Greening Older and Historic Buildings
The construction, operation and demolition of buildings accounts for well over 40% of the United States' carbon dioxide emissions. Reusing and retrofitting our existing built resources is the first step to cutting these emissions and ensuring that our communities are greener, more livable, and healthier.
In 2012, The National Trust’s Preservation Green Lab released a groundbreaking study quantifying and comparing the environmental impacts of new construction and building reuse. The Greenest Building: Quantifying the Environmental Value of Building Reuse finds that in almost every case, the reuse of existing buildings results in fewer environmental impacts over their life span compared to demolition and new construction.
But as The Greenest Building demonstrates, reusing buildings alone isn’t enough to satisfy environmental responsibilities. The study finds that the greater benefit comes from reusing and retrofitting existing buildings. Such retrofits help to conserve the earth’s resources and reduce climate warming emissions and also directly serve preservation goals: greening buildings helps owners save money, makes these buildings more attractive investments, and helps secures their survival over time.
We don't discount the value of new, green construction – in fact many green technologies can and should be applied to existing buildings to improve performance. But new construction – no matter how green – still uses energy and other natural resources and generates construction waste that clogs landfills. That’s why the National Trust for Historic Preservationists leading by example with its rehabilitation of the historic Emerson School in Denver and is dedicated to developing resources and that make it easier to reuse and green older and historic buildings.
Whether you are a historic home or building owner, developer, policy maker, historic commissioner member, or preservation practitioner, the National Trust offers important information, research and analysis to help you make the most of your building.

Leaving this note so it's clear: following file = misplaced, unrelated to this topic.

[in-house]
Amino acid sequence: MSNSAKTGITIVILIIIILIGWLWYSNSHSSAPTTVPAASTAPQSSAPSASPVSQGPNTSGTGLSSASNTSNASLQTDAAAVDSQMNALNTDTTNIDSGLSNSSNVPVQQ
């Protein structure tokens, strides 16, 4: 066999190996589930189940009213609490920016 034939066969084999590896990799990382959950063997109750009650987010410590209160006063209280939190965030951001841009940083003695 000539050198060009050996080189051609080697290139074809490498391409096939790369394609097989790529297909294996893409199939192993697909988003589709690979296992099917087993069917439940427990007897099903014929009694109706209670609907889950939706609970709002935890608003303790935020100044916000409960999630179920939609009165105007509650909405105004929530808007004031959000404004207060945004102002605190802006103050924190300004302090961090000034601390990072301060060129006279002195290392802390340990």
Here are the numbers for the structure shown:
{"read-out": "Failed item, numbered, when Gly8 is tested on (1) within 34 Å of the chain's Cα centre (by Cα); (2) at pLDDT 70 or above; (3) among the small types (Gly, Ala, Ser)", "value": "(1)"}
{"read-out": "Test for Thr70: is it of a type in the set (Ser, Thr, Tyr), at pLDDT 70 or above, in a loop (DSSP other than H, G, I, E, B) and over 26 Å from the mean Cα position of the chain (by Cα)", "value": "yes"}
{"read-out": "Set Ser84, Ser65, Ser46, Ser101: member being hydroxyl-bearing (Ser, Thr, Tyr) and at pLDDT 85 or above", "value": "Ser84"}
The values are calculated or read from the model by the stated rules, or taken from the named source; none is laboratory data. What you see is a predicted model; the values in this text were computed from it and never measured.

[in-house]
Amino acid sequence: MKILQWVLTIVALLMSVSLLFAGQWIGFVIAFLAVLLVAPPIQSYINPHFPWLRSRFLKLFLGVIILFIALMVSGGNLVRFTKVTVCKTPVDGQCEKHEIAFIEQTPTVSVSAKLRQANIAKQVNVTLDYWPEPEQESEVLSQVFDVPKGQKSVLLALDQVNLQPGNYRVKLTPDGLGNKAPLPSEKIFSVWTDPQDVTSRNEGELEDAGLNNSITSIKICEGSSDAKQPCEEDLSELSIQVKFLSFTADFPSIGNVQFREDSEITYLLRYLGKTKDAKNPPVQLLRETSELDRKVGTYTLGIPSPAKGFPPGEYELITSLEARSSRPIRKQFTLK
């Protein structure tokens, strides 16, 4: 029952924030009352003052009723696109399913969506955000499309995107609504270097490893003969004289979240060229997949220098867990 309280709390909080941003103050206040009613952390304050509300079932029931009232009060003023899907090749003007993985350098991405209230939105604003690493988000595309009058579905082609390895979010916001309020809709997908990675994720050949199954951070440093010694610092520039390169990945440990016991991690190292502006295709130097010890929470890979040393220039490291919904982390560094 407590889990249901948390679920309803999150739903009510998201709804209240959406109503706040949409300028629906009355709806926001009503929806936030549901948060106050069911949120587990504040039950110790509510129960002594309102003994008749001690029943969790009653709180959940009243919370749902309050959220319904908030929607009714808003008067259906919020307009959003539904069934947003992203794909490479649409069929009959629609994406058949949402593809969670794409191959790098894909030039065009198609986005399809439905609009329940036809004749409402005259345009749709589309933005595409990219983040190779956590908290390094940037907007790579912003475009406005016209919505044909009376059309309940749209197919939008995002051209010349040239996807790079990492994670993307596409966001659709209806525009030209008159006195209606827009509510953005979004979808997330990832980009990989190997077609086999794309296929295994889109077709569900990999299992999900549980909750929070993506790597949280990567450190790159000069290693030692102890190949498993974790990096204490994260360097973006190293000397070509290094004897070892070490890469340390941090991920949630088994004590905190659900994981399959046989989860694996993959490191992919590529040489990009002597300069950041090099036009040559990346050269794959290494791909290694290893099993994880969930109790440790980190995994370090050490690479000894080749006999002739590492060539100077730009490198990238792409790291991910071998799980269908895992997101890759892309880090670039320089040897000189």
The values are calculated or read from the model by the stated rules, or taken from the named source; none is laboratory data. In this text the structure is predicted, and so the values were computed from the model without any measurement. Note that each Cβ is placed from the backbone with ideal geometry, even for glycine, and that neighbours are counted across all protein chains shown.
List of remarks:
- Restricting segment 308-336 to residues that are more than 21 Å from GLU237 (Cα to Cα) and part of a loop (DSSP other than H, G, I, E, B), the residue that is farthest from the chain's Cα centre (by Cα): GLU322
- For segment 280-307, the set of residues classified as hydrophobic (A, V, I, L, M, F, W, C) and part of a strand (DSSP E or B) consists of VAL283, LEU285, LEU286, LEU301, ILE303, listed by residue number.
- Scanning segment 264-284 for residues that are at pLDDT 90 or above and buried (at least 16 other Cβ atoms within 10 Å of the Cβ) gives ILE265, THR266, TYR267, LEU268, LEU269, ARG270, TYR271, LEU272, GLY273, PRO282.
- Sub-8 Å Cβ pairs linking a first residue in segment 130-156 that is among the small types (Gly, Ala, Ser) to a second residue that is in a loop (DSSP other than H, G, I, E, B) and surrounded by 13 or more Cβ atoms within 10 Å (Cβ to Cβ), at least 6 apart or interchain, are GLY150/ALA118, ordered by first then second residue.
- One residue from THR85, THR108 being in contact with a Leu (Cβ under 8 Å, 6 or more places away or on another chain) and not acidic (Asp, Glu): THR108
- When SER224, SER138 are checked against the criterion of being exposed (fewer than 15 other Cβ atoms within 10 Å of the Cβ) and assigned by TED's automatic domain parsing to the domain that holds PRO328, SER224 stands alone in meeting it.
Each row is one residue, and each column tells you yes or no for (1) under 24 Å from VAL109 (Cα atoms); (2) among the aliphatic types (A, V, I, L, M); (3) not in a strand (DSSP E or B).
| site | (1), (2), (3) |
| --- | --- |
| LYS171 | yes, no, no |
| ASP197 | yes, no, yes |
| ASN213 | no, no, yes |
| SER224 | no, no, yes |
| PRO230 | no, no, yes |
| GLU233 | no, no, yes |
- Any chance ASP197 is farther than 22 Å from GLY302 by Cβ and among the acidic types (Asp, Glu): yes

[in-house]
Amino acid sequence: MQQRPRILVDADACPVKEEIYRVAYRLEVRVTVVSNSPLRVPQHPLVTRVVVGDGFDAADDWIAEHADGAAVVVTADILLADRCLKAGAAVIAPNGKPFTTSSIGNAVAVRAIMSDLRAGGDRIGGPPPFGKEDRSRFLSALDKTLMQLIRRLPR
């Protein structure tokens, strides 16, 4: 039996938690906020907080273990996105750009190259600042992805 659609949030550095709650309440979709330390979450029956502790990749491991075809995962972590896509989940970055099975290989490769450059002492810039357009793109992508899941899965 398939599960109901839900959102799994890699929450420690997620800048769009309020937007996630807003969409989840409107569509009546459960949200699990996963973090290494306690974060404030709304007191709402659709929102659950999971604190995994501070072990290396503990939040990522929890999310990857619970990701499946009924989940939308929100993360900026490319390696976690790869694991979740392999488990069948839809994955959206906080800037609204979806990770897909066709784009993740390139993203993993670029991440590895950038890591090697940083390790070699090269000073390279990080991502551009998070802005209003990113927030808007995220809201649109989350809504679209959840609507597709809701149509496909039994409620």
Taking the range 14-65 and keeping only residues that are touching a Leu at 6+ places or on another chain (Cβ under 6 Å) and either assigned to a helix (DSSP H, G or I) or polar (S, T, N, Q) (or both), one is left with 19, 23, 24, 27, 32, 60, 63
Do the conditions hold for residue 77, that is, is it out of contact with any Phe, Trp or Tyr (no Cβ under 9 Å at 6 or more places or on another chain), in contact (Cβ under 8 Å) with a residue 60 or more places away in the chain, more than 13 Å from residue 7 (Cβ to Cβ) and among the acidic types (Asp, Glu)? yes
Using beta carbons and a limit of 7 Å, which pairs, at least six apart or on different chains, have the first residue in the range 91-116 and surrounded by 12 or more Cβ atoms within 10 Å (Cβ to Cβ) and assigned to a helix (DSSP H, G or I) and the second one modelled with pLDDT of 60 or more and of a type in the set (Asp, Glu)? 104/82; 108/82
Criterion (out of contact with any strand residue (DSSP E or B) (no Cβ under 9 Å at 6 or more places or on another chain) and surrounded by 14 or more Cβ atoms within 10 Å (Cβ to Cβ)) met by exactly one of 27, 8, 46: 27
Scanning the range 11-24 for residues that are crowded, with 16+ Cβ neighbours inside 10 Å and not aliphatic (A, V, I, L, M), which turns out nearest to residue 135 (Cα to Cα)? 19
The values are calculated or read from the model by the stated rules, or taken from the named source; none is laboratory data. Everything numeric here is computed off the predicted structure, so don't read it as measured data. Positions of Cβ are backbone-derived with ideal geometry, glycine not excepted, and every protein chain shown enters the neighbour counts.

Weatherization Guide: Want to reduce your carbon footprint? The best place to start – and to get real bang for your buck – is at home. From information on the benefits of home energy audits to tips and strategies on how properly insulate your historic or older home, this guide will help you weatherize the right way.
Preservation Leadership Forum Members Only: March 2013 Forum Focus: Putting the Saving Windows, Saving Money Report to Work.
Solar Panel Guidance: Historic sites and structures can be preserved while accommodating the need for solar access. Check out the National Trust’s solar guidance for best practices, tips, case studies, and also how to develop guidelines for solar installations in your community.
Green Windows: New research produced by the Preservation Green Lab offers insight for homeowners weighing the financial and energy tradeoffs between replacing or repairing older, less efficient windows.
Valuing Building Reuse: A groundbreaking study produced by Preservation Green Lab explores the environmental value of reusing buildings rather than demolishing them to replace with new construction.
Preservation Leadership Forum Members Only: May 2012 Forum Focus: Putting The Greenest Building Report to Work for Historic Preservation